The TREAT Asia HIV Observational Database: PS Ly* and V Khol, National Center for HIV/AIDS, Dermatology & STDs, Phnom Penh, Cambodia; FJ Zhang*,†, HX Zhao, and N Han, Beijing Ditan Hospital, Capital Medical University, Beijing, China; MP Lee*, PCK Li, W Lam, and YT Chan, Queen Elizabeth Hospital, Hong Kong SAR; N Kumarasamy*, S Saghayam, and C Ezhilarasi, Chennai Antiviral Research and Treatment Clinical Research Site (CART CRS), YRGCARE Medical Centre, VHS, Chennai, India; S Pujari*, K Joshi, S Gaikwad, and A Chitalikar, Institute of Infectious Diseases, Pune, India; S Sangle*, V Mave, and I Marbaniang, BJ Government Medical College and Sassoon General Hospital, Pune, India; TP Merati*, DN Wirawan, and F Yuliana, Faculty of Medicine Udayana University & Sanglah Hospital, Bali, Indonesia; E Yunihastuti*, D Imran, and A Widhani, Faculty of Medicine Universitas Indonesia - Dr. Cipto Mangunkusumo General Hospital, Jakarta, Indonesia; J Tanuma*, S Oka, and T Nishijima, National Center for Global Health and Medicine, Tokyo, Japan; JY Choi*, Na S, and JM Kim, Division of Infectious Diseases, Department of Internal Medicine, Yonsei University College of Medicine, Seoul, South Korea; BLH Sim*, YM Gani, and NB Rudi, Hospital Sungai Buloh, Sungai Buloh, Malaysia; A Kamarulzaman*, SF Syed Omar, S Ponnampalavanar, and I Azwa, University Malaya Medical Centre, Kuala Lumpur, Malaysia; R Ditangco*, MK Pasayan, and ML Mationg, Research Institute for Tropical Medicine, Muntinlupa City, Philippines; WW Wong*, WW Ku, and PC Wu, Taipei Veterans General Hospital, Taipei, Taiwan; OT Ng*,‡, PL Lim, LS Lee, and Z Ferdous, Tan Tock Seng Hospital, Singapore; A Avihingsanon*, S Gatechompol, P Phanuphak, and C Phadungphon, HIV-NAT/Thai Red Cross AIDS Research Centre, Bangkok, Thailand; S Kiertiburanakul*, A Phuphuakrat, L Chumla, and N Sanmeema, Faculty of Medicine Ramathibodi Hospital, Mahidol University, Bangkok, Thailand; R Chaiwarith*, T Sirisanthana, W Kotarathititum, and J Praparattanapan, Research Institute for Health Sciences, Chiang Mai, Thailand; S Khusuwan*, P Kantipong, and P Kambua, Chiangrai Prachanukroh Hospital, Chiang Rai, Thailand; KV Nguyen*, HV Bui, DTH Nguyen, and DT Nguyen, National Hospital for Tropical Diseases, Hanoi, Vietnam; CD Do*, AV Ngo and LT Nguyen, Bach Mai Hospital, Hanoi, Vietnam; AH Sohn*, JL Ross*, and B Petersen, TREAT Asia, amfAR—The Foundation for AIDS Research, Bangkok, Thailand; DA Cooper, MG Law*, A Jiamsakul*, and D Rupasinghe, The Kirby Institute, UNSW Sydney, NSW, Australia.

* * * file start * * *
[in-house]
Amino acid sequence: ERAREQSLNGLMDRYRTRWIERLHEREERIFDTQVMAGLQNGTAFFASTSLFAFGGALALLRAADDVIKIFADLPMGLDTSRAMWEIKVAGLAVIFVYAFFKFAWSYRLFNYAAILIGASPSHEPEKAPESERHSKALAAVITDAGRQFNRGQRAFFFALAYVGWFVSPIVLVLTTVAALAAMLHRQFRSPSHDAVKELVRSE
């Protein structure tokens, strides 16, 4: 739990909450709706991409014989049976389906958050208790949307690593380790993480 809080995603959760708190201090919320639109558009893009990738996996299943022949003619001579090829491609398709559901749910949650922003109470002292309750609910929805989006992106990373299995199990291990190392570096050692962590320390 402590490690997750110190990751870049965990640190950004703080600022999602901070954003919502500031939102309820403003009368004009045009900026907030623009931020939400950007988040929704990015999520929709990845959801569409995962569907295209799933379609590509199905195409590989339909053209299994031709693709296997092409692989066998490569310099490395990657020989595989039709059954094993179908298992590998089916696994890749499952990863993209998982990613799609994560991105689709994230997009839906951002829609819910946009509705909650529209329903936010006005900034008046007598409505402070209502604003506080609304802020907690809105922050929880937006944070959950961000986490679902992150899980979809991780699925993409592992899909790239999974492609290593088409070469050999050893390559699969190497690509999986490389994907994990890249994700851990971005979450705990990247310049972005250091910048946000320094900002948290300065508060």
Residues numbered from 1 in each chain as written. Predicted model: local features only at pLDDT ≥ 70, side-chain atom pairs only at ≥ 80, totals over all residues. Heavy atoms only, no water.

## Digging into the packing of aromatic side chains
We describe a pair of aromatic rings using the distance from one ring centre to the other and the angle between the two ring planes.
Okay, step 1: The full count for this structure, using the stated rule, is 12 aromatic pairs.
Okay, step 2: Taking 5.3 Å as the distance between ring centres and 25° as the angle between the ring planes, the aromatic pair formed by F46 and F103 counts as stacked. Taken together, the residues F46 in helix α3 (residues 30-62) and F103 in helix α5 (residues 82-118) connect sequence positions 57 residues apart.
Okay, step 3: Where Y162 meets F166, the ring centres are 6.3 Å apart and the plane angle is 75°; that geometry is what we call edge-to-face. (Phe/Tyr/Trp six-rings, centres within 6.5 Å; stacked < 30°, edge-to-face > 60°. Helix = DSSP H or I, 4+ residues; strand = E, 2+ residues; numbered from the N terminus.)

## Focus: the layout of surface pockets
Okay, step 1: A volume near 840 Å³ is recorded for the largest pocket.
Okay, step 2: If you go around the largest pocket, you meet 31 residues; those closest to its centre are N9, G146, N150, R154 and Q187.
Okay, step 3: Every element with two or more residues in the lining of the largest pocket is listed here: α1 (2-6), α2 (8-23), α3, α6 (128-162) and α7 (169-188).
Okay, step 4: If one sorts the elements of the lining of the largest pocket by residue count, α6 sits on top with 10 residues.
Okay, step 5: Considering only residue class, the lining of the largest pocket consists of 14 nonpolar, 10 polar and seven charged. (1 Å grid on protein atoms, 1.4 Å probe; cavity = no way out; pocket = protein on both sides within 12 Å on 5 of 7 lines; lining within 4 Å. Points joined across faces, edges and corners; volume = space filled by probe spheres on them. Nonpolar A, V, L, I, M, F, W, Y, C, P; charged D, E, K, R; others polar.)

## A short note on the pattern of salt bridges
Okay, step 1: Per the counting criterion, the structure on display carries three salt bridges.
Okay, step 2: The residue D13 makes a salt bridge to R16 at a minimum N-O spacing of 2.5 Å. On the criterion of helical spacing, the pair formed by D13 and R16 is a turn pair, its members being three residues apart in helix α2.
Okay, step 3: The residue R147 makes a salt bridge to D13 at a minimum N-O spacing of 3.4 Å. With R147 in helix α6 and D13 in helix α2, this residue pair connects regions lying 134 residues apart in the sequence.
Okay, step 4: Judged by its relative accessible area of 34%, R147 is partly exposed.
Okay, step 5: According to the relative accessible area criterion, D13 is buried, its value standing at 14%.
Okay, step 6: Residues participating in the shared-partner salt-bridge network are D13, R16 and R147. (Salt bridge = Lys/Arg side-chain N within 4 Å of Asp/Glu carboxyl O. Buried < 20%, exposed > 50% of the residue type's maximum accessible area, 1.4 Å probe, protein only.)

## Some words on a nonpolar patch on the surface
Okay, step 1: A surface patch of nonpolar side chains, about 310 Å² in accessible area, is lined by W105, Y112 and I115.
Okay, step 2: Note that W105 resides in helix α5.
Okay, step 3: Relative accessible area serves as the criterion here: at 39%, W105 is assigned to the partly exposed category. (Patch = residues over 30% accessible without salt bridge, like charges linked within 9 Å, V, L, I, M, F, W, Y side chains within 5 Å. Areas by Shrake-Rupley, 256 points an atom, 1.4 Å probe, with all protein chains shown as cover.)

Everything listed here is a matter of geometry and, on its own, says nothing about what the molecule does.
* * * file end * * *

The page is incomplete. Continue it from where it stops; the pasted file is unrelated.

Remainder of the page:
*TAHOD Steering Committee member; †Steering Committee Chair; ‡co-Chair.